US7383829B2 - Oil drain device for an engine oil separator - Google Patents

Oil drain device for an engine oil separator Download PDF

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Publication number
US7383829B2
US7383829B2 US11/350,422 US35042206A US7383829B2 US 7383829 B2 US7383829 B2 US 7383829B2 US 35042206 A US35042206 A US 35042206A US 7383829 B2 US7383829 B2 US 7383829B2
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oil
chamber
connector
gases
chambers
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US20070181107A1 (en
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Teng-Hua Shieh
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Toyota Motor Corp
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Toyota Motor Engineering and Manufacturing North America Inc
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Assigned to TOYOTA TECHNICAL CENTER USA, INC. reassignment TOYOTA TECHNICAL CENTER USA, INC. ASSIGNMENT OF ASSIGNORS INTEREST (SEE DOCUMENT FOR DETAILS). Assignors: SHIEH, TENG-HUA
Publication of US20070181107A1 publication Critical patent/US20070181107A1/en
Assigned to TOYOTA MOTOR ENGINEERING & MANUFACTURING NORTH AMERICA, INC. reassignment TOYOTA MOTOR ENGINEERING & MANUFACTURING NORTH AMERICA, INC. ASSIGNMENT OF ASSIGNORS INTEREST (SEE DOCUMENT FOR DETAILS). Assignors: TOYOTA TECHNICAL CENTER USA, INC.
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Assigned to TOYOTA MOTOR CORPORATION reassignment TOYOTA MOTOR CORPORATION ASSIGNMENT OF ASSIGNORS INTEREST (SEE DOCUMENT FOR DETAILS). Assignors: TOYOTA MOTOR ENGINEERING & MANUFACTURING NORTH AMERICA, INC.
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    • FMECHANICAL ENGINEERING; LIGHTING; HEATING; WEAPONS; BLASTING
    • F01MACHINES OR ENGINES IN GENERAL; ENGINE PLANTS IN GENERAL; STEAM ENGINES
    • F01MLUBRICATING OF MACHINES OR ENGINES IN GENERAL; LUBRICATING INTERNAL COMBUSTION ENGINES; CRANKCASE VENTILATING
    • F01M13/00Crankcase ventilating or breathing
    • F01M13/04Crankcase ventilating or breathing having means for purifying air before leaving crankcase, e.g. removing oil
    • FMECHANICAL ENGINEERING; LIGHTING; HEATING; WEAPONS; BLASTING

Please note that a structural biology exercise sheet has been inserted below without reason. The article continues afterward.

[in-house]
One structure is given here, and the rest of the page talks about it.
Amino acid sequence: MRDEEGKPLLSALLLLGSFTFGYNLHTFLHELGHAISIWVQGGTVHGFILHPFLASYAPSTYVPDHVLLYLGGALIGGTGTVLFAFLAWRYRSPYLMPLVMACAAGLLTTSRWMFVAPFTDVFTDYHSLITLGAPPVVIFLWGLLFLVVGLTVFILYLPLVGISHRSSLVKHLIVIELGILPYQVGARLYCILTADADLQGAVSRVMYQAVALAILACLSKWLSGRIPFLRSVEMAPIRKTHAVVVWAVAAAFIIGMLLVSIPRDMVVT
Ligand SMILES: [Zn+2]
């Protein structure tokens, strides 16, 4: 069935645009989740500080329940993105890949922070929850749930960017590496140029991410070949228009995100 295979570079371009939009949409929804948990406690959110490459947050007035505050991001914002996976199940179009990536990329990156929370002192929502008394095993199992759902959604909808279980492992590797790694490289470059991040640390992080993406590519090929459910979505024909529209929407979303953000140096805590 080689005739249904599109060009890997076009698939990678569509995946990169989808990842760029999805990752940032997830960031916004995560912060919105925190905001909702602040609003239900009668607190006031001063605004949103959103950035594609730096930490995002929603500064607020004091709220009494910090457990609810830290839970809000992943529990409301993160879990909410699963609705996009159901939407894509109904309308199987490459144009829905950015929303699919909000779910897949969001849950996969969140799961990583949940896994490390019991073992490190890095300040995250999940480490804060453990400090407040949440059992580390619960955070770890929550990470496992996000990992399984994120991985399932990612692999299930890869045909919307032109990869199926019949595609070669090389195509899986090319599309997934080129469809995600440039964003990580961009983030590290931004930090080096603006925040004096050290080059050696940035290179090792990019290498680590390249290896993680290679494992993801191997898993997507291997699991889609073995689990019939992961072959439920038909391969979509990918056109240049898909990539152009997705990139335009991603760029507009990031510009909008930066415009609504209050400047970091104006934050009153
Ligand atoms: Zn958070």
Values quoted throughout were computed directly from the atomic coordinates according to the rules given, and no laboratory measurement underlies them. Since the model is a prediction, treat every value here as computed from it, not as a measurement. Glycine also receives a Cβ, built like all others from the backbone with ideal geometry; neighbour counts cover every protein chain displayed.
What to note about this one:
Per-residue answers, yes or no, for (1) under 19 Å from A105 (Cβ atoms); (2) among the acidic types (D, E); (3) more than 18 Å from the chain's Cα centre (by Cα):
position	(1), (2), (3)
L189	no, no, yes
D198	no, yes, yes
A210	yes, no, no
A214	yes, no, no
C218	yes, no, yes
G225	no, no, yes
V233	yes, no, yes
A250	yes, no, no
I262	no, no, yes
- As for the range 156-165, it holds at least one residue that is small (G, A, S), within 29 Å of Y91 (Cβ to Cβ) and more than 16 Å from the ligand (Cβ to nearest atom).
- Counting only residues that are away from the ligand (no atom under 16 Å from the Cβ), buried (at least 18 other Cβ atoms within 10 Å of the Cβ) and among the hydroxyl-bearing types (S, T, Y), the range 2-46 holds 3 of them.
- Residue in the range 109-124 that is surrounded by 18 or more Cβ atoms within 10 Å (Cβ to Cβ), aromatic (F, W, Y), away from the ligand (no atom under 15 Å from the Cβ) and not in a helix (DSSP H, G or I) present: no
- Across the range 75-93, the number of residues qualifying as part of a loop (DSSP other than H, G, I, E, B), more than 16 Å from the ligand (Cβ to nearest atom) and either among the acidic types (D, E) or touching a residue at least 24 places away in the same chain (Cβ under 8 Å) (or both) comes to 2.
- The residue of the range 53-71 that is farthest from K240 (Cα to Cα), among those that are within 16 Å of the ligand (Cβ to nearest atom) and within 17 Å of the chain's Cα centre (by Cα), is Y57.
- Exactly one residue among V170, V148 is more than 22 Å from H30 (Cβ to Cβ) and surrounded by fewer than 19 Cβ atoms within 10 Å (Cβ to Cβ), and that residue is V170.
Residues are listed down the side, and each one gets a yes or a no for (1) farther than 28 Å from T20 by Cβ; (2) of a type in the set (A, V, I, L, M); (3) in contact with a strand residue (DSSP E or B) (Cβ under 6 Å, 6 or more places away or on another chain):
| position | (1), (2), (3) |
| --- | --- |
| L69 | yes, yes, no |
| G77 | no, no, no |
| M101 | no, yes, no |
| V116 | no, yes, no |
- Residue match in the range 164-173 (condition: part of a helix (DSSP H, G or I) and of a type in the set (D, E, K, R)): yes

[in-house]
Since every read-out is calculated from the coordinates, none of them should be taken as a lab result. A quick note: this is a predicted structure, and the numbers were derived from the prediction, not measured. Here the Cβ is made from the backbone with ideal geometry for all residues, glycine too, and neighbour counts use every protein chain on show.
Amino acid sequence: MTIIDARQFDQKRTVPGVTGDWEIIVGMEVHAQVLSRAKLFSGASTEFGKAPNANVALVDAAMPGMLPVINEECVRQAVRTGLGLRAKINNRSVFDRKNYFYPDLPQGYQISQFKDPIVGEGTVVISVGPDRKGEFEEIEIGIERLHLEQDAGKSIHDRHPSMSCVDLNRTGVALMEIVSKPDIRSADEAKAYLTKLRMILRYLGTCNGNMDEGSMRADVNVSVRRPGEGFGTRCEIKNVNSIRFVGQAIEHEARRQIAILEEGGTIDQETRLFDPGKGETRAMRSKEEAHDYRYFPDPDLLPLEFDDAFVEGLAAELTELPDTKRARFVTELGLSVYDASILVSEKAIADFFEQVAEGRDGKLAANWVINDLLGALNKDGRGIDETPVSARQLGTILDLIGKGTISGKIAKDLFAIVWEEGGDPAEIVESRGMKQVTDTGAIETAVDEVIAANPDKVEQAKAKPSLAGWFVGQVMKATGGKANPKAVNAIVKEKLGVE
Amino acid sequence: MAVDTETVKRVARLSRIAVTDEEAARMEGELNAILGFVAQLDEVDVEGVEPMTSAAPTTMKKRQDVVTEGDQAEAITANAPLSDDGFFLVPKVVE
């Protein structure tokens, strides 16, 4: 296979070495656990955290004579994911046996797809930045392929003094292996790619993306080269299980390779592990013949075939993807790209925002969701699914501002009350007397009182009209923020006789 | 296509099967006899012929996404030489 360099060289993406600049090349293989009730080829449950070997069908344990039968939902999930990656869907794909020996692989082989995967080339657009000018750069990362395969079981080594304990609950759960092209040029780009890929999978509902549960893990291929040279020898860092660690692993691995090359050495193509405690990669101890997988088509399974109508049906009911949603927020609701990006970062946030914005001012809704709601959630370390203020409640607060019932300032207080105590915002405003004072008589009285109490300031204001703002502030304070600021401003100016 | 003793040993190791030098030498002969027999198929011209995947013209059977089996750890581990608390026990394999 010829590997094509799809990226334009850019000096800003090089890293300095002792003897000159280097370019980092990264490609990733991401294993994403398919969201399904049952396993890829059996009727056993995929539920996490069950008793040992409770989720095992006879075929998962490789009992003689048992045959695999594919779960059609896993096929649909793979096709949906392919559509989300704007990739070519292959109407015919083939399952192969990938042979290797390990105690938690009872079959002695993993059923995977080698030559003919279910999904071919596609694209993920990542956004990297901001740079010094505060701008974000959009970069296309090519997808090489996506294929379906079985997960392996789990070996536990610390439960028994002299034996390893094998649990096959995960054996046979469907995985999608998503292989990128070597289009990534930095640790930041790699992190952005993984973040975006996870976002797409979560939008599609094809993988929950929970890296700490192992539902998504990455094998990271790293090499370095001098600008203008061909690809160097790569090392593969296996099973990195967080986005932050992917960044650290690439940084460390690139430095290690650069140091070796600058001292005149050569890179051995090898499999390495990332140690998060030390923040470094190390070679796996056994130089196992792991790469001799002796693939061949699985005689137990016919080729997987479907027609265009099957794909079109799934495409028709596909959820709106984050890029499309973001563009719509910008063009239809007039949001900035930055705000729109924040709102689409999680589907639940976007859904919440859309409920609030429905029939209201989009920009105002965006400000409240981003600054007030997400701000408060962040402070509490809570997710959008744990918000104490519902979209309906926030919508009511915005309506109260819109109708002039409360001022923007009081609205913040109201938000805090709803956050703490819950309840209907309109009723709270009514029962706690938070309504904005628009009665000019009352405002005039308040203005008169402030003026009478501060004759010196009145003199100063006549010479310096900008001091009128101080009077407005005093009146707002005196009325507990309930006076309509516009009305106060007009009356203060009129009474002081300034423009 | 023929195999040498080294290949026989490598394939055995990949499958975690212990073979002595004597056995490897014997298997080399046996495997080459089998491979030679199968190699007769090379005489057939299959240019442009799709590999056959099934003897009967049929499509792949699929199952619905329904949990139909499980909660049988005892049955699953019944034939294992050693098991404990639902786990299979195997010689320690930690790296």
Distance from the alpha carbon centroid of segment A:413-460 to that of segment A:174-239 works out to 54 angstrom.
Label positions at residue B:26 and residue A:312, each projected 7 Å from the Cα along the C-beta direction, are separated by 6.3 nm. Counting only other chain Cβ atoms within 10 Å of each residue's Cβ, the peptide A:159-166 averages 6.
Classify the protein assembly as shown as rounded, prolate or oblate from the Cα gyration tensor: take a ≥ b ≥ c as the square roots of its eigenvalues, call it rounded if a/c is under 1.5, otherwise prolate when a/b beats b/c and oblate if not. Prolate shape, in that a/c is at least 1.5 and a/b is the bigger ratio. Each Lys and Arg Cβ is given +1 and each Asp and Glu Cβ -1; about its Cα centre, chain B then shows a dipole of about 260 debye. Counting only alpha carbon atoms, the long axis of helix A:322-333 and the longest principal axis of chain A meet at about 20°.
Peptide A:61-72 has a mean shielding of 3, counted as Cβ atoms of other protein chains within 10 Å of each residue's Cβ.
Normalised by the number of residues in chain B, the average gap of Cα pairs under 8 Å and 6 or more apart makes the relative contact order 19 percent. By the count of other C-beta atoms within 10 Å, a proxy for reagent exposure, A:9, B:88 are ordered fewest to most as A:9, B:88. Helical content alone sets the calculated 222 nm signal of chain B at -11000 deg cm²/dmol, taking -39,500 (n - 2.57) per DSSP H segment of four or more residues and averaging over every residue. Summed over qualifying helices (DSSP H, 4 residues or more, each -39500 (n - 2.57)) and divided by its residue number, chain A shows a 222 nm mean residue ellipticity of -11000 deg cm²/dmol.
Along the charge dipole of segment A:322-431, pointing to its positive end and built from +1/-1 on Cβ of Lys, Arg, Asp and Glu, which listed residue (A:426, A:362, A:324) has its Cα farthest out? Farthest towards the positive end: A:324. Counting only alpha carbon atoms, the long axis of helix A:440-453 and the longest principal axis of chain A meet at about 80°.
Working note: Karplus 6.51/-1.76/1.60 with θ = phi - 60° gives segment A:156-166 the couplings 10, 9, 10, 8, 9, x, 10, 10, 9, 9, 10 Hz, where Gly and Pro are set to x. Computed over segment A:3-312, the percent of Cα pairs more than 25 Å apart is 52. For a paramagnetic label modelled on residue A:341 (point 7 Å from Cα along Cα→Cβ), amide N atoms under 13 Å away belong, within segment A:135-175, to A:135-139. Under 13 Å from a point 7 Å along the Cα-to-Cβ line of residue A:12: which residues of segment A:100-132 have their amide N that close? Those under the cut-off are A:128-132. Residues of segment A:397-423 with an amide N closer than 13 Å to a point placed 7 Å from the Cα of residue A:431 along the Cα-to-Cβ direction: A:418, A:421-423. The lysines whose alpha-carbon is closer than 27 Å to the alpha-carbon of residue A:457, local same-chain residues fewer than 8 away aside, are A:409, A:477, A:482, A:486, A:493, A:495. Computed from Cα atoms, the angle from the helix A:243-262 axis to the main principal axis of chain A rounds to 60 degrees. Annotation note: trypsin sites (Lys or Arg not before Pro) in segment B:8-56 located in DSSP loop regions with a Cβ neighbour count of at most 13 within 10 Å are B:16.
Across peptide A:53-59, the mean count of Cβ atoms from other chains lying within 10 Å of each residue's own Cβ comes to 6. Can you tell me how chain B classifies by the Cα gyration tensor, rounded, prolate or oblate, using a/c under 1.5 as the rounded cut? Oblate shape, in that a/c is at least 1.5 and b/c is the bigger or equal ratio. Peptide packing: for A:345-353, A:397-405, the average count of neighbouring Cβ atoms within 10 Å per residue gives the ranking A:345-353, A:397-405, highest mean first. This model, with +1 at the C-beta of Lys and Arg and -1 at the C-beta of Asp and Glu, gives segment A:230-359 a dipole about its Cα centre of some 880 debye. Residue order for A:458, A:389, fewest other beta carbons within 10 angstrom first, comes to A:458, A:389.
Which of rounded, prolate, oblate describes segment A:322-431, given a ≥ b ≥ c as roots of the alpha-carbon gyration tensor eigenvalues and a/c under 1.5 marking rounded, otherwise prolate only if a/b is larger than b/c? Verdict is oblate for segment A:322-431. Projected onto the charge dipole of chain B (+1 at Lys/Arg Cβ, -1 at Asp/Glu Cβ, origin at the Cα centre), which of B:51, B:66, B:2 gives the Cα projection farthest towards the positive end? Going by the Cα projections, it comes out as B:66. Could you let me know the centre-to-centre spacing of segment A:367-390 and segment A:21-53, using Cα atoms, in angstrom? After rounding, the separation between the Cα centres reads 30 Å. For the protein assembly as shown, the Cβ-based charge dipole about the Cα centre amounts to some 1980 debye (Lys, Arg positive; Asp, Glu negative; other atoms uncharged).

• F01MACHINES OR ENGINES IN GENERAL; ENGINE PLANTS IN GENERAL; STEAM ENGINES
    • F01MLUBRICATING OF MACHINES OR ENGINES IN GENERAL; LUBRICATING INTERNAL COMBUSTION ENGINES; CRANKCASE VENTILATING
    • F01M13/00Crankcase ventilating or breathing
    • F01M13/04Crankcase ventilating or breathing having means for purifying air before leaving crankcase, e.g. removing oil
    • F01M2013/0488Crankcase ventilating or breathing having means for purifying air before leaving crankcase, e.g. removing oil with oil trap in the return conduit to the crankcase

Abstract

An oil drainage device for an oil separator of an internal combustion engine includes a first chamber, a second chamber, a connector and a conduit. The first chamber receives oil from the oil separator. The second chamber is coupled to a sump. The connector extends between the first and second chambers. The connector defines a fluid path along which oil can flow between the first and second chambers. The conduit is disposed within the connector and provides a path for crankcase blow-by gases that is separate from the fluid path.

Description

BACKGROUND OF THE INVENTION

1. Field of the Invention

The invention relates to a positive crankcase ventilation (PCV) device for internal combustion engines. More specifically, the invention relates to an improved oil drain device having a dedicated path for blow-by gases that is separate from a fluid path for oil removed from crankcase gases.

2. Description of the Related Art

An internal combustion engine typically includes a combustion chamber, where a fuel air mixture is burned to cause movement of a set of reciprocating pistons, and a crankcase, which contains the crankshaft driven by the pistons. During operation, it is normal for the engine to experience “blow-by,” wherein combustion gases leak past the pistons from the combustion chamber and into the crankshaft. These combustion or blow-by gases contain moisture, acids and other undesired by-products of the combustion process.